WATTEAU, Antoine
(1684?C1721). French painter of Flemish descent, b. Valenciennes. Until 1704 poverty forced him to work in the shops of mediocre artists, where he produced genre and devotional subjects. In 1704?C8 he studied in the studio of Claude Gillot, an adept painter of scenes of theatrical life, which later became the subject of some of Watteau's finest paintings, such as Love in the Italian Theatre and Love in the French Theatre (both: Berlin). In 1708?C9 Watteau worked with the decorator Claude Audran. Watteau attracted the attention of eminent patrons in his last years, including the comte de Caylus, his biographer, and in 1717 he was made a full member of the Acad??mie royale. The Embarkation for Cythera (1717; Louvre) is characteristic of his art; it is a delicate, courtly fantasy, represented in warm and shimmering pastel tones that place him among the great colorists of all time. A lyric, Giorgionesque quality pervades his airy, gay, and sensuous scenes, which have a poignancy that none of his followers attained. Out of the most fleeting aspects of life he created an enduring and individual art. His exquisite paintings influenced fashion and garden design in the 18th cent. Other outstanding works include Gilles (Louvre), Perspective (Mus. of Fine Arts, Boston), Mezzetin (Metropolitan Mus.), and Gersaint's Shop Sign (1719; Berlin).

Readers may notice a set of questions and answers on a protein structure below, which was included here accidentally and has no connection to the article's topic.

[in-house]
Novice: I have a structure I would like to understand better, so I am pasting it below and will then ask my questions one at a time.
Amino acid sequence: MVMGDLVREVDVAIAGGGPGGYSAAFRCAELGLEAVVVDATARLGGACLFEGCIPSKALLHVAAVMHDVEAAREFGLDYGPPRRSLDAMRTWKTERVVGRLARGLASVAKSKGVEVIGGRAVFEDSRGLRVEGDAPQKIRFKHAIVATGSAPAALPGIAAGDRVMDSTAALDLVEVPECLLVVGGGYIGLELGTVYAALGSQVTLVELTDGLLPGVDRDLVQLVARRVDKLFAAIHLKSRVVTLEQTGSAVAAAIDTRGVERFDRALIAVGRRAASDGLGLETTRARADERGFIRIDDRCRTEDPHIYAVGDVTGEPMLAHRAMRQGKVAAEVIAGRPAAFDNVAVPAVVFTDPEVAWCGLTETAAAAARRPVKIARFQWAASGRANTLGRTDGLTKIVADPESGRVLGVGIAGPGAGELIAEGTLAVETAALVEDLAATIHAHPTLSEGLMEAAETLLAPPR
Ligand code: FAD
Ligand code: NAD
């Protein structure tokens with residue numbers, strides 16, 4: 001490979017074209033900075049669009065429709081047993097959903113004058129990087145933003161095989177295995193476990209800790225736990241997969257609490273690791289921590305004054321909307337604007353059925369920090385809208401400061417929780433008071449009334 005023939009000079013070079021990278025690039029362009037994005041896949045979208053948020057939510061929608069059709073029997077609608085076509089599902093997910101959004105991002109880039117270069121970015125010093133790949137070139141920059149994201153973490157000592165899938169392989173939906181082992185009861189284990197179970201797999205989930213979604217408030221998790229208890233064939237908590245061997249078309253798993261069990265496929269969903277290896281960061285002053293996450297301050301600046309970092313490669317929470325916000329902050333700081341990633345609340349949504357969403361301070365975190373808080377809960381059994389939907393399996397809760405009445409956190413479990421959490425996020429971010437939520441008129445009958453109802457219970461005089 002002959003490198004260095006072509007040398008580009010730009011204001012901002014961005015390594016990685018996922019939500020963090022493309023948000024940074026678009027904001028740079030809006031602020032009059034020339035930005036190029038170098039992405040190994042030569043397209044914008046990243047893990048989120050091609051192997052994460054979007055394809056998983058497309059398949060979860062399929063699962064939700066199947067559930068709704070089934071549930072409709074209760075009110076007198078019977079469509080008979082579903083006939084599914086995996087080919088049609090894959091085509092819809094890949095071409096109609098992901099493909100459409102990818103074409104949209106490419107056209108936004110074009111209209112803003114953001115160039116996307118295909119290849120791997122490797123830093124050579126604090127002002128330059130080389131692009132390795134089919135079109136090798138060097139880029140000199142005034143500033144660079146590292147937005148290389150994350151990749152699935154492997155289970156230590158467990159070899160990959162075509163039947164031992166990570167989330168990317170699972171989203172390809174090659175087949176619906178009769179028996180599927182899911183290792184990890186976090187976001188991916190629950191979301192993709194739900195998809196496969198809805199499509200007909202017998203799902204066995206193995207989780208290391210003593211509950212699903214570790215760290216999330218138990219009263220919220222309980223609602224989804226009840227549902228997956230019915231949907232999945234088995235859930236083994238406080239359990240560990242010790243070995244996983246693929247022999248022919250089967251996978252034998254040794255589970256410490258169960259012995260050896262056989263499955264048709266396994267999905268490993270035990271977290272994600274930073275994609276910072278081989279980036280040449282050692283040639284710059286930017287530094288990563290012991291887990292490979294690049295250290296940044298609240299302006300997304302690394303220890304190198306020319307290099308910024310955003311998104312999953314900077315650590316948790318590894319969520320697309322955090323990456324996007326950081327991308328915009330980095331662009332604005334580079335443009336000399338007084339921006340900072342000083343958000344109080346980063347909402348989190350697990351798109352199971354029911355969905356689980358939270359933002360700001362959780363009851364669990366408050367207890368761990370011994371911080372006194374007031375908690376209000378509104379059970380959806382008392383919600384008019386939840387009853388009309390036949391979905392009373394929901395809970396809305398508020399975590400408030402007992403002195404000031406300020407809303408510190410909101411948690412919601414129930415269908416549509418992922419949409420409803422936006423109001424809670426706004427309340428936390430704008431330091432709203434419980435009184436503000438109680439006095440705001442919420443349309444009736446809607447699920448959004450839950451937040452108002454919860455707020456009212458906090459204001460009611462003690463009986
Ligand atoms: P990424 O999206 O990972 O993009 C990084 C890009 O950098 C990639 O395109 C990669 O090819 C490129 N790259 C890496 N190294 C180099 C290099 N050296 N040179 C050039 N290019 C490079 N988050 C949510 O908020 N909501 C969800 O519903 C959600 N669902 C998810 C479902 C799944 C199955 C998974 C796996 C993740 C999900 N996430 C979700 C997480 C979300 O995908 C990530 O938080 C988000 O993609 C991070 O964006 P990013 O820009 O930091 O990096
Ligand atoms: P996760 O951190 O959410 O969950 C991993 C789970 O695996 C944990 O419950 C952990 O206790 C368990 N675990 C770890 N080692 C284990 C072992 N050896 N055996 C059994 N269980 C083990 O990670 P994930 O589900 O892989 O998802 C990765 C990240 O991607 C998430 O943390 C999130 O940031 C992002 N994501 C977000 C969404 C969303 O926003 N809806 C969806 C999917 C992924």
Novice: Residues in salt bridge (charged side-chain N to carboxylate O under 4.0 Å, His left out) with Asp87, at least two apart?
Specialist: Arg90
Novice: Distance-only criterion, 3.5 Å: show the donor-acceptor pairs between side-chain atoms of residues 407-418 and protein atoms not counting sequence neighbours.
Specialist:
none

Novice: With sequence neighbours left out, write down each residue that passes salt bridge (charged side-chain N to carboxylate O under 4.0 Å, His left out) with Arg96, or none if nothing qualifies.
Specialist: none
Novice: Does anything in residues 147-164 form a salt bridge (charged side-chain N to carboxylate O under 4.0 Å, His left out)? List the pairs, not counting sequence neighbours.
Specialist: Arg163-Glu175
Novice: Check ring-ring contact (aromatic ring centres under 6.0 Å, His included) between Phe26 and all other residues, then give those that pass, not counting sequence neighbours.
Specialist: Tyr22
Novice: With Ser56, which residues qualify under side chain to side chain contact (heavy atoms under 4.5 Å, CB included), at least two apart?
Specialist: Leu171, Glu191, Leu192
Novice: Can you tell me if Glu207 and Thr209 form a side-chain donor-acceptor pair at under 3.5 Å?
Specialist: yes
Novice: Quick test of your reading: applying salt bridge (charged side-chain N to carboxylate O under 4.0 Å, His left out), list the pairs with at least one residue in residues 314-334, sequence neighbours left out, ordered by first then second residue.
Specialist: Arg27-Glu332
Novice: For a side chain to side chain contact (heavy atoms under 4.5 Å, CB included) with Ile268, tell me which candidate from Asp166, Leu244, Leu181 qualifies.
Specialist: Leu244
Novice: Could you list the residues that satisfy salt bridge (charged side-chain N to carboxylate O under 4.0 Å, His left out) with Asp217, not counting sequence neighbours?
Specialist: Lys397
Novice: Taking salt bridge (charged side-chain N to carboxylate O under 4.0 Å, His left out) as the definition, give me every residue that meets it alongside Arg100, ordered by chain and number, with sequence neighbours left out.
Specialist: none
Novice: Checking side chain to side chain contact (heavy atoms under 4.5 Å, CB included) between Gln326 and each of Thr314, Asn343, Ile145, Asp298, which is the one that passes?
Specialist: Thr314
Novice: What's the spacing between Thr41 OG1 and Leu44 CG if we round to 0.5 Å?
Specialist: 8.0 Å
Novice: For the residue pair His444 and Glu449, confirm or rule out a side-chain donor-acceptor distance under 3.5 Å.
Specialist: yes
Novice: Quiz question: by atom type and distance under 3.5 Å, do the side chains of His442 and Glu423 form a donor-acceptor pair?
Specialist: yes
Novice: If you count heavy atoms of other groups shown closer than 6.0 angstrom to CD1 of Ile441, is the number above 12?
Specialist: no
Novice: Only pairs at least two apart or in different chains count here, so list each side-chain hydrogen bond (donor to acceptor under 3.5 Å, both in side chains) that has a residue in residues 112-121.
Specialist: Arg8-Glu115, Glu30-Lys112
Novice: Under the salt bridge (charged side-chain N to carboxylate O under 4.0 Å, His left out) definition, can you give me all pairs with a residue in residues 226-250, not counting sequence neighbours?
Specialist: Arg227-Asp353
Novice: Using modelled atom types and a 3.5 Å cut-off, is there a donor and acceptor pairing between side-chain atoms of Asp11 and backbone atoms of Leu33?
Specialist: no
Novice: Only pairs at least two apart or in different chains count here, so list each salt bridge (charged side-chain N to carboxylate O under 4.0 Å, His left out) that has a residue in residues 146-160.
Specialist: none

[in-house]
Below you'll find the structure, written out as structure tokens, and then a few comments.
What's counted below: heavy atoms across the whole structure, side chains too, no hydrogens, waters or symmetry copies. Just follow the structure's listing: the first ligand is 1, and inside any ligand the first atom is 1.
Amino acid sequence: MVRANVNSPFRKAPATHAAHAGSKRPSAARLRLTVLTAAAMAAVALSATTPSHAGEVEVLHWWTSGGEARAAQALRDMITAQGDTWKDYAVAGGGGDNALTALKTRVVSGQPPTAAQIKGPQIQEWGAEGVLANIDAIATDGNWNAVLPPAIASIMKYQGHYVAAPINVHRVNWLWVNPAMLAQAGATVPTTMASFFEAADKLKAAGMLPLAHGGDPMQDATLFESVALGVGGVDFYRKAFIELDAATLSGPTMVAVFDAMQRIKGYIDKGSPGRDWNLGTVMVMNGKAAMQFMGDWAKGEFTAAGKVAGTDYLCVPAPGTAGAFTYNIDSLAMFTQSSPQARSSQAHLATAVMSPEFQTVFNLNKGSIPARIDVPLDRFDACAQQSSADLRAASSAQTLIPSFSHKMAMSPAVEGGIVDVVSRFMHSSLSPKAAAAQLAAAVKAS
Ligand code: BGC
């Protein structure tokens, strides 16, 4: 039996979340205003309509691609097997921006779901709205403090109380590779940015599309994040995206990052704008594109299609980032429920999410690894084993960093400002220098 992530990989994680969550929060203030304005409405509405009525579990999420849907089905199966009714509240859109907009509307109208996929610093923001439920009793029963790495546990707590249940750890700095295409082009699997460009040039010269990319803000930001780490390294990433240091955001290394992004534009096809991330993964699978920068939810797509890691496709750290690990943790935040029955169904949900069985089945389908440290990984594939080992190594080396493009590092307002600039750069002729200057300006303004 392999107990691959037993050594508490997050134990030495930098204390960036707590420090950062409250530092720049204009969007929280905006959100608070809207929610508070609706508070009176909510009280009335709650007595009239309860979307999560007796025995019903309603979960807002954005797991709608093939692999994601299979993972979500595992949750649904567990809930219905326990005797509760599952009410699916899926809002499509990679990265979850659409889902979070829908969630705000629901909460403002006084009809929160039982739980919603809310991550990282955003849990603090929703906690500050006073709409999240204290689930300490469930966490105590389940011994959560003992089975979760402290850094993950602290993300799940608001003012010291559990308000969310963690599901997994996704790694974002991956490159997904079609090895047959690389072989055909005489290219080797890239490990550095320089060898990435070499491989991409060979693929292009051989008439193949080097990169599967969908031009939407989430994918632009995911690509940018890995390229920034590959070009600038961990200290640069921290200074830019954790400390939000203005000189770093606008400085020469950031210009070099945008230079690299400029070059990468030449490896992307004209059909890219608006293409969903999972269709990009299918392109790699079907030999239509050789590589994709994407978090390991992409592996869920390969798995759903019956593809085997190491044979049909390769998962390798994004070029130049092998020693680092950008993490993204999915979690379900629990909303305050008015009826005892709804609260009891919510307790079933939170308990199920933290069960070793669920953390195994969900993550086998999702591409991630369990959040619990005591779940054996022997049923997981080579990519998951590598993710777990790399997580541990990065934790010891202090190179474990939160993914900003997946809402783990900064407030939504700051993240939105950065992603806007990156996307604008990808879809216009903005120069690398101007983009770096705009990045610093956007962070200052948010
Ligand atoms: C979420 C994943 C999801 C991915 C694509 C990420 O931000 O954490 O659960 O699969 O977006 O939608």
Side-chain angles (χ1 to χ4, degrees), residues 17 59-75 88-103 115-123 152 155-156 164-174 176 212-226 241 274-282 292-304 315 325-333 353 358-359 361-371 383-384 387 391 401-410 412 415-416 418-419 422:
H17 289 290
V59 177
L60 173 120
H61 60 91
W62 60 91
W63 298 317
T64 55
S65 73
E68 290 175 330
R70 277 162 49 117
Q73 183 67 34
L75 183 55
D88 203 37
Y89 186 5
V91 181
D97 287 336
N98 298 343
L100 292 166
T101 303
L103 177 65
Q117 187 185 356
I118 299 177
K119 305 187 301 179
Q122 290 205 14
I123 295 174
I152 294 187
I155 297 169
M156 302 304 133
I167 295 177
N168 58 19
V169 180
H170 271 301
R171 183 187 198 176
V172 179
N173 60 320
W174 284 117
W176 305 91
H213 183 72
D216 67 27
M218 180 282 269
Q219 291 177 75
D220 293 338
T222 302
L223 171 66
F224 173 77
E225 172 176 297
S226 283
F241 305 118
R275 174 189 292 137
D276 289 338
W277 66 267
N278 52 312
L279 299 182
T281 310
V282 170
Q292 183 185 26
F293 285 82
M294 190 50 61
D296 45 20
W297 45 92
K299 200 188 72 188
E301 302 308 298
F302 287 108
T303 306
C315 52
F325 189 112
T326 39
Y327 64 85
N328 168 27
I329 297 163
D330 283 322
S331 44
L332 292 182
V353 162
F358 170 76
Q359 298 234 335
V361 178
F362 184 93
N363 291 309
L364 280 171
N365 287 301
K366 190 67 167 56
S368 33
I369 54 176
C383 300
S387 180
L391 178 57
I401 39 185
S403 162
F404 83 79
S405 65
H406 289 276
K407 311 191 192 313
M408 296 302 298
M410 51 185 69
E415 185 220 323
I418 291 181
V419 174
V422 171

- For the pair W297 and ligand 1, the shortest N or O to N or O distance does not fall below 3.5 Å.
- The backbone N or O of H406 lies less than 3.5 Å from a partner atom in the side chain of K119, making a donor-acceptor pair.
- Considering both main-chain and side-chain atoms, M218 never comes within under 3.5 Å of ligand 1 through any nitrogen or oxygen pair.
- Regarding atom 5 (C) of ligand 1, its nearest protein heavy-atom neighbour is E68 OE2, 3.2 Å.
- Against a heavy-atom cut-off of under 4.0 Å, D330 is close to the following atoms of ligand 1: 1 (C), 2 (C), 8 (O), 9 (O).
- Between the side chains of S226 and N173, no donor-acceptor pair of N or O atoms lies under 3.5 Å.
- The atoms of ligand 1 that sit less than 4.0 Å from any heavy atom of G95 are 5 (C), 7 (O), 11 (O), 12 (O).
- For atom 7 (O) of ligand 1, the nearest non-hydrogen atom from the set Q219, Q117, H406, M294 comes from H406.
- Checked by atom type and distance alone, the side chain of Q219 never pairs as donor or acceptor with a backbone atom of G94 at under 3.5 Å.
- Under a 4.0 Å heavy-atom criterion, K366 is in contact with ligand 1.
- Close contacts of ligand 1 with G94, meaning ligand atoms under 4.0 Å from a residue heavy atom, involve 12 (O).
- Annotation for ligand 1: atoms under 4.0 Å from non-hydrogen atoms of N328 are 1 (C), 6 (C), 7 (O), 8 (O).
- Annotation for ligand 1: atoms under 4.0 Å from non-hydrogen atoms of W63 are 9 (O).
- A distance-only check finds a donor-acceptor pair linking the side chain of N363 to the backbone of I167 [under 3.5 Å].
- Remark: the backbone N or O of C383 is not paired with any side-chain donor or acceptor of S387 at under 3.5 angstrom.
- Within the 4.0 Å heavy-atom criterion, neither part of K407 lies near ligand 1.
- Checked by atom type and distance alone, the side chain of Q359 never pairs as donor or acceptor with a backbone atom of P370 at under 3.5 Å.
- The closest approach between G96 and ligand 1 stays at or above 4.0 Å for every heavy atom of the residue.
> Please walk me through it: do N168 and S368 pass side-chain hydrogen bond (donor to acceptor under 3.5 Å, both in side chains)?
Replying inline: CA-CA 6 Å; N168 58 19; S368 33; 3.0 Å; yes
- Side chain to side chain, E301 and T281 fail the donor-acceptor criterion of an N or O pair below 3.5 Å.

Thomas De Keyser
1586-1667 Dutch Thomas De Keyser Gallery De Keyser excelled as a portrait painter, and was the most in-demand portrait painter in the Netherlands until the 1630s, when Rembrandt eclipsed him in popularity. Rembrandt was influenced by his work, and many of de Keyser's paintings were later falsely attributed to Rembrandt. His portraiture is full of character and masterly in handling, and often distinguished by a rich golden glow of color and Rembrandtesque chiaroscuro. Some of his portraits are life-size, but the artist generally preferred to keep them on a considerably smaller scale, like the famous Four Amsterdam burgomasters assembled to receive Marie de Medici in 1638, now on display at the Mauritshuis museum in The Hague. In addition to portraits, he also executed some historical and mythological pictures, such as the Theseus and Ariadne in the Amsterdam town hall, now the Royal Palace. De Keyser also worked as an architect. From 1662 until his death in 1667 he oversaw construction of the new Amsterdam town hall, now Royal Palace. De Keyser was a son of the architect and sculptor Hendrik de Keyser. We have no definite knowledge of his training, and but scant information as to the course of his life. Aert Pietersz, Cornelis vander Voort, Werner van Valckert and Nicolas Elias are accredited by different authorities with having developed his talent. In the 1640s, de Keyser received very few painting commissions, and was forced to seek income elsewhere. He owned a basalt business from 1640 until 1654, when he returned to painting. The Rijksmuseum in Amsterdam has the largest collection of paintings by de Keyser. His work can also be seen at the Louvre in Paris, the Metropolitan Museum of Art in New York City, the Hermitage in Saint Petersburg and the National Gallery in London, among others. The Stedelijk Museum modern art museum in Amsterdam carries a statue of de Keyser on its facade. A street in Enschede is named for him. A contemporary namesake of the painter was Thomas de Keyser (Utrecht, 1597-1651), an actor and nephew of Hendrick de Keyser.